Your true enemy when it comes to long-term weight-loss

I’ve been listening to this great book - Mini Habits for Weight Loss by Stephen Guise.

He says a lot of smart stuff in there.
But one line stood out above all others.

It is probably the main reason most people don’t succeed at weight loss in the long term.

Losing weight (or just being healthy) is NOT about eating less food.

It is about eating MORE “healthy” food.

Now I’m not down with the idea that there are “healthy” and “unhealthy” foods in general, because everyone’s body is unique and responds differently to different foods at different times. (That’s why a big chunk of our course is spent teaching you how to tune into your body so you know what it wants, when it wants it - not what your brain thinks you need). But that’s another story for another day.

My point today is:

People get so stuck on this idea of “calories-in, calories-out”, that they lose track of the idea of food as nutrition. That some foods have nutrients in them and others don’t.

Even if you don’t actively count calories, I bet you probably are ‘aware of how much food you’re eating’, i.e. judging how well you’re doing on any given day based on the amount of food you’ve put in your mouth.

Yes, of course quantity matters.

But trying to limit what you eat is not where you start (even though that’s what everyone else will tell you).

What matters more than quantity, is quality.

Think about this:

What’s better than eating a cookie?

Eating a cookie


a carrot.

What’s better than eating french fries?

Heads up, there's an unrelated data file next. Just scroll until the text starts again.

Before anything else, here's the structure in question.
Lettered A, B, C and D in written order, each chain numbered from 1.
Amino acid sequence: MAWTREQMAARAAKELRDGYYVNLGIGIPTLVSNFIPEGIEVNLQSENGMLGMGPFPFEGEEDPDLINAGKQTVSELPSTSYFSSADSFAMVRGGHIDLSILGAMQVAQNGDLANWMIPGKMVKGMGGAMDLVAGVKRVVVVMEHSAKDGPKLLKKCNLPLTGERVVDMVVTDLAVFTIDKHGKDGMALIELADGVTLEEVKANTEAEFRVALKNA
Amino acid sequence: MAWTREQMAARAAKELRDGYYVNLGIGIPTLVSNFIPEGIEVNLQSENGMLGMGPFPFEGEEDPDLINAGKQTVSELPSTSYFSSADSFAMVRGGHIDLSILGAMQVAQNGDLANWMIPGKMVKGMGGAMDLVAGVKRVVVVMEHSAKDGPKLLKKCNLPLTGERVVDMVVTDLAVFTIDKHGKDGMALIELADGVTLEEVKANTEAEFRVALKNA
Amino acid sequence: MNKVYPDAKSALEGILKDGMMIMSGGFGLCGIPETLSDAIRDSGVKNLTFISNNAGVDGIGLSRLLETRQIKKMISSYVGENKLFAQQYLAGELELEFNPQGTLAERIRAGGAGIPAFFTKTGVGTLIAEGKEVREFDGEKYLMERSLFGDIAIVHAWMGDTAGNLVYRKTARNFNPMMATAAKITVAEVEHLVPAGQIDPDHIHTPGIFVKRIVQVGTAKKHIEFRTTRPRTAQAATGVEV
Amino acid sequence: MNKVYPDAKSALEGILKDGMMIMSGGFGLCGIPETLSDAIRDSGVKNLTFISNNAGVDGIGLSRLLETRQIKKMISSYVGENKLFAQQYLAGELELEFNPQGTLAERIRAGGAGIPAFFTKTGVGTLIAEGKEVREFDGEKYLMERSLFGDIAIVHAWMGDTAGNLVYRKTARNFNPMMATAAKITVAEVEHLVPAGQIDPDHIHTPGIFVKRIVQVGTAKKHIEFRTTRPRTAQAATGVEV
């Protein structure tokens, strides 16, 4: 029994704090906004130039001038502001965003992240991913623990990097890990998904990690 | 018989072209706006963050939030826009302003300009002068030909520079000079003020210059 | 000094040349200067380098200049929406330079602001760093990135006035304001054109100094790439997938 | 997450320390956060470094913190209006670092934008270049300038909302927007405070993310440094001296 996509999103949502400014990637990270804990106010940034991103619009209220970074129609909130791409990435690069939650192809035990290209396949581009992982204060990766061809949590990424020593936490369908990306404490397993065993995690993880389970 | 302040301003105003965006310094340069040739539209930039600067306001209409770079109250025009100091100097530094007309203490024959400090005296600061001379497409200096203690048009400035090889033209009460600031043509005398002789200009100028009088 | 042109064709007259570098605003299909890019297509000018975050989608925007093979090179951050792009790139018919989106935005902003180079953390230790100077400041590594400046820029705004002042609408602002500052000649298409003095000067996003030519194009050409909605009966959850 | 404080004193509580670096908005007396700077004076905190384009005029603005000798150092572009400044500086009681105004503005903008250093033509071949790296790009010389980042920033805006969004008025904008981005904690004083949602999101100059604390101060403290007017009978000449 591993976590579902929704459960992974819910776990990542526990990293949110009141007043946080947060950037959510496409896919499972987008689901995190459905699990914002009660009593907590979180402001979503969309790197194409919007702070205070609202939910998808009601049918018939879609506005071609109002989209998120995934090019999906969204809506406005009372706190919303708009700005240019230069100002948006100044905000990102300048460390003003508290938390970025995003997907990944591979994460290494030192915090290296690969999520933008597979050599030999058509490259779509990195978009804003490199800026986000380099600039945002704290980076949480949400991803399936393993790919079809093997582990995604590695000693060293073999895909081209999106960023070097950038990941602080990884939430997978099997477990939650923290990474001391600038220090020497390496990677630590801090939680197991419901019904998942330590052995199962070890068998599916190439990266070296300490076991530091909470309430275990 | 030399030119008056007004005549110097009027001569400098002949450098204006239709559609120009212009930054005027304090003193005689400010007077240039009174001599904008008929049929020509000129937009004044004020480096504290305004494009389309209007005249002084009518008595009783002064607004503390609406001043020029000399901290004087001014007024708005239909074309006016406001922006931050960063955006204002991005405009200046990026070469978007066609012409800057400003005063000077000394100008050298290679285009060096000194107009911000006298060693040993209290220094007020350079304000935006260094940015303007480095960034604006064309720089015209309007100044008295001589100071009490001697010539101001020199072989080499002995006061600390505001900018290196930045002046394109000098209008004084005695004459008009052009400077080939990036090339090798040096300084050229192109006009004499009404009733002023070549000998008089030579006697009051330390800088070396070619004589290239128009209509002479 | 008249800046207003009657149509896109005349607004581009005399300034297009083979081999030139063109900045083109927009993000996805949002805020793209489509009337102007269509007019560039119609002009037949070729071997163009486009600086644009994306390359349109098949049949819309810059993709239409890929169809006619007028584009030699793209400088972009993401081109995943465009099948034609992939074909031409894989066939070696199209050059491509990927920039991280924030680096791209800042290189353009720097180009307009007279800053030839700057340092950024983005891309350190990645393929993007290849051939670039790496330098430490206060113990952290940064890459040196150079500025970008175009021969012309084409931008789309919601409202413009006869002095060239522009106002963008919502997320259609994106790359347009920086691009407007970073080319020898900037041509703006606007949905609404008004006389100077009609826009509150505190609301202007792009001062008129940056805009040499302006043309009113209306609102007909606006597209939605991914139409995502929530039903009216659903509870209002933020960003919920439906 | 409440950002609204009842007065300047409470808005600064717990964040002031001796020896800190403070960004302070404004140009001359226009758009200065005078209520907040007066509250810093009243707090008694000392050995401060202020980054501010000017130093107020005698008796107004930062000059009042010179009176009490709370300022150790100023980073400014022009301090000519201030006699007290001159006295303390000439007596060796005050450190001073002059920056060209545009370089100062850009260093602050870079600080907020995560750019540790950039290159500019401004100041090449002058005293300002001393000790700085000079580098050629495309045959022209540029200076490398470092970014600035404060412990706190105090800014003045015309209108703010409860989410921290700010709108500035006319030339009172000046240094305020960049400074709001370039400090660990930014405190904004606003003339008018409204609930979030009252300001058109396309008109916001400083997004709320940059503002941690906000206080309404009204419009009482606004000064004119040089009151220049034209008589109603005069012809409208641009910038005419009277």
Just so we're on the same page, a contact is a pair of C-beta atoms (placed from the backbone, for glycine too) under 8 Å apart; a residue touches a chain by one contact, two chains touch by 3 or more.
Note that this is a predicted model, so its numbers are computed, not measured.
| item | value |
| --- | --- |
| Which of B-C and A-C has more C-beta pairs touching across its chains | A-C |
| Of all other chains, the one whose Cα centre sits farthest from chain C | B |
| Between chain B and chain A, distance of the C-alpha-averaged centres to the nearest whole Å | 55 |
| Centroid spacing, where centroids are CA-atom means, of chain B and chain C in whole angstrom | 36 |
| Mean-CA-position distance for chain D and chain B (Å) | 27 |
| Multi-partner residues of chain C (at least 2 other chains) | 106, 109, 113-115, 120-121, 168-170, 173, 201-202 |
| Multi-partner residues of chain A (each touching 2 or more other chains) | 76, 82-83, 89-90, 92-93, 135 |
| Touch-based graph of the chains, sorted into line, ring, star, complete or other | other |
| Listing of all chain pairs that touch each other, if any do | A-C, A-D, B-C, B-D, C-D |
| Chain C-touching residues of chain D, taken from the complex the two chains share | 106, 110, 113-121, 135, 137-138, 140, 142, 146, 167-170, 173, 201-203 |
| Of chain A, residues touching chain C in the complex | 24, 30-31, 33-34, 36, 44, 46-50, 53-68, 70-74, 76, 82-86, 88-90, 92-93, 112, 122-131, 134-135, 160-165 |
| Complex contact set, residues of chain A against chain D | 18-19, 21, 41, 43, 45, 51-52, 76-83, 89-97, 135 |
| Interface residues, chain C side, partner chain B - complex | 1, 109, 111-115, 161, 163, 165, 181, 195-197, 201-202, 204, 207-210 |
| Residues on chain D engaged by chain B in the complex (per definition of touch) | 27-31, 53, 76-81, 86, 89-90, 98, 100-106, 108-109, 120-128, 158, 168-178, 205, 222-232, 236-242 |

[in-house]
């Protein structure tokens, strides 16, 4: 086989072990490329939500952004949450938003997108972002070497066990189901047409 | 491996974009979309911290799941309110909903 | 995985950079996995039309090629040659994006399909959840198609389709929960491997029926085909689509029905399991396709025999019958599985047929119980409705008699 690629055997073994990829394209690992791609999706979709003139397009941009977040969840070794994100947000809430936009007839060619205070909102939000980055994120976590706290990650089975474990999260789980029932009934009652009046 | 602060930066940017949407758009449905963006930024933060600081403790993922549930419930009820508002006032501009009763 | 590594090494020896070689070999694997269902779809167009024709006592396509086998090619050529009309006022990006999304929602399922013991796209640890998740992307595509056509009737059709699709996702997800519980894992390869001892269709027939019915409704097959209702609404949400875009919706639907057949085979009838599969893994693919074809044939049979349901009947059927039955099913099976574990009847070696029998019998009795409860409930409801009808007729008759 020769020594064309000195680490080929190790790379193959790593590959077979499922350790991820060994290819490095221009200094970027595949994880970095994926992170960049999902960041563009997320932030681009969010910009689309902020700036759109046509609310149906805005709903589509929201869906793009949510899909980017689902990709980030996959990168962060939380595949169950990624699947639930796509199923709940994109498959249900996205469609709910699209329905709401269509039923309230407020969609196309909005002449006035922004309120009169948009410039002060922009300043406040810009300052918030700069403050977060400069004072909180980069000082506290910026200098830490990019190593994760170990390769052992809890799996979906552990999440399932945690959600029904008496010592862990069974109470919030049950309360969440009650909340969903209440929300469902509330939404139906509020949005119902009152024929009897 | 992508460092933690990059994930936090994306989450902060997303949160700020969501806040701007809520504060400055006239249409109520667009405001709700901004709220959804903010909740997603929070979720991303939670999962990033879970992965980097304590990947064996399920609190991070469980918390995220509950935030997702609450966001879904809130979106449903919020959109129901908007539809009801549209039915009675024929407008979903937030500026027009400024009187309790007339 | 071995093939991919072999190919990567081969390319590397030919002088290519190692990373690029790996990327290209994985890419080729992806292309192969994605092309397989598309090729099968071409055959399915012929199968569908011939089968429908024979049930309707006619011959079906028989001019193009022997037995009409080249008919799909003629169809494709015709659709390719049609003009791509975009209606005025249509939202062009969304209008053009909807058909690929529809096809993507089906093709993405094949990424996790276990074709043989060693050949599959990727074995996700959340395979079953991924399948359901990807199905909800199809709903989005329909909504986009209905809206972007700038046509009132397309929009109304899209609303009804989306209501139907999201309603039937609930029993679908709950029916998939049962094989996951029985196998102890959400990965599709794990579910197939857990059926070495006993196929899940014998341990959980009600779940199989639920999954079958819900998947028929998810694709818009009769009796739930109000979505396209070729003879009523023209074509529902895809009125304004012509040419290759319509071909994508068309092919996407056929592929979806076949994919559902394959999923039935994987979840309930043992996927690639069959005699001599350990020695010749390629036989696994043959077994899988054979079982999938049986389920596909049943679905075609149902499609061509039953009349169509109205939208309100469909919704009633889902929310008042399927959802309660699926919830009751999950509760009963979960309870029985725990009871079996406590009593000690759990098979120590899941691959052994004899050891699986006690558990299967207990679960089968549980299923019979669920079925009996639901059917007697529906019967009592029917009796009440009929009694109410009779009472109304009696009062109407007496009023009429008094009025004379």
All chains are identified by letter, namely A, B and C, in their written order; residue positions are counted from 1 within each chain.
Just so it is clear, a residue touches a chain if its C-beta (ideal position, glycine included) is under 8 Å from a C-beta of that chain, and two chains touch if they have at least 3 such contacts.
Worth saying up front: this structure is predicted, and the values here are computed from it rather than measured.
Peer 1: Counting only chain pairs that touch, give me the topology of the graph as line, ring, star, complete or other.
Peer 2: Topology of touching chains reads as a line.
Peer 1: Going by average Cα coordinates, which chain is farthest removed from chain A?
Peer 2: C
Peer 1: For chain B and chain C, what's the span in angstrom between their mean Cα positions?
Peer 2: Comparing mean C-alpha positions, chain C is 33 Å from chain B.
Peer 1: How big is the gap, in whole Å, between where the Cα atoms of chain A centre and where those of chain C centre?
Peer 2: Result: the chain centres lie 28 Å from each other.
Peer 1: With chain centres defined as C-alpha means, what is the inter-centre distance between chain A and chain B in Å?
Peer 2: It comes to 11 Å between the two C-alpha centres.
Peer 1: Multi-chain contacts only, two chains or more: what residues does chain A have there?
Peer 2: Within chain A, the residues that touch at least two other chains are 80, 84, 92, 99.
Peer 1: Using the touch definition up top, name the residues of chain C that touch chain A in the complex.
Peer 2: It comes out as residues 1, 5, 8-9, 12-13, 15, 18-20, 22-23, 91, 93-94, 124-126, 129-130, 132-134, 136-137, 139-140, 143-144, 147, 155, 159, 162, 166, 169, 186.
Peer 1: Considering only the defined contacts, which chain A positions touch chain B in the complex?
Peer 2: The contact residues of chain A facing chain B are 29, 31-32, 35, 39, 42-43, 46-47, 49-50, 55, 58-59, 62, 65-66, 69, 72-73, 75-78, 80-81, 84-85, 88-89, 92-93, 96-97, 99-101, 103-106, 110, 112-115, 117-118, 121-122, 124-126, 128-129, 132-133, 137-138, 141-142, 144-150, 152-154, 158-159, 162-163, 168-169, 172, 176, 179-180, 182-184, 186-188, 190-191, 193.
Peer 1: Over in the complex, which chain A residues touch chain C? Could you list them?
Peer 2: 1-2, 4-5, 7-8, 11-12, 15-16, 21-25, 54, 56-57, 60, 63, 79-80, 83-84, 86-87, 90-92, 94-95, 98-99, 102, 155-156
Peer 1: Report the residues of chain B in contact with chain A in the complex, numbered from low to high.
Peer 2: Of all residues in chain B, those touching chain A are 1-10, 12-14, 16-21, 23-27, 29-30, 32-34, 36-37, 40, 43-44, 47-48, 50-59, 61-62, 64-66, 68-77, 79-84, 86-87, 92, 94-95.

Eating french fries

something green.

What’s better than eating french fries and something green?

Eating french fries,

something green


doing a push up.

If you think of food as just calories-in, calories out, you’re not going to eat the carrot because you’ve already eaten the cookie, and why would you want to have to “work-off the ‘extra’ calories”?

That line of thinking, while it seems to make sense in people’s heads, leads to poorer and poorer food choices in reality.

And this is not even taking into consideration the elephant in the room:

That food-deficit thinking is scarcity based, and leads people to eat more over time.

But when you start by feeding your body what it wants (even as an addition to the stuff it doesn’t), how much you eat will naturally work itself out.

Anyway, take it for what it is.
But if you can rip apart the idea of deficiency and health in your brain, you will be quantum leap years ahead of most folks on your journey to health.

if you want to learn how to do this, it’s just one of “The Basics” we teach in our “Do It Right, Do It Once” program.

Join us here:

Kate (& Jason)


Jason SuComment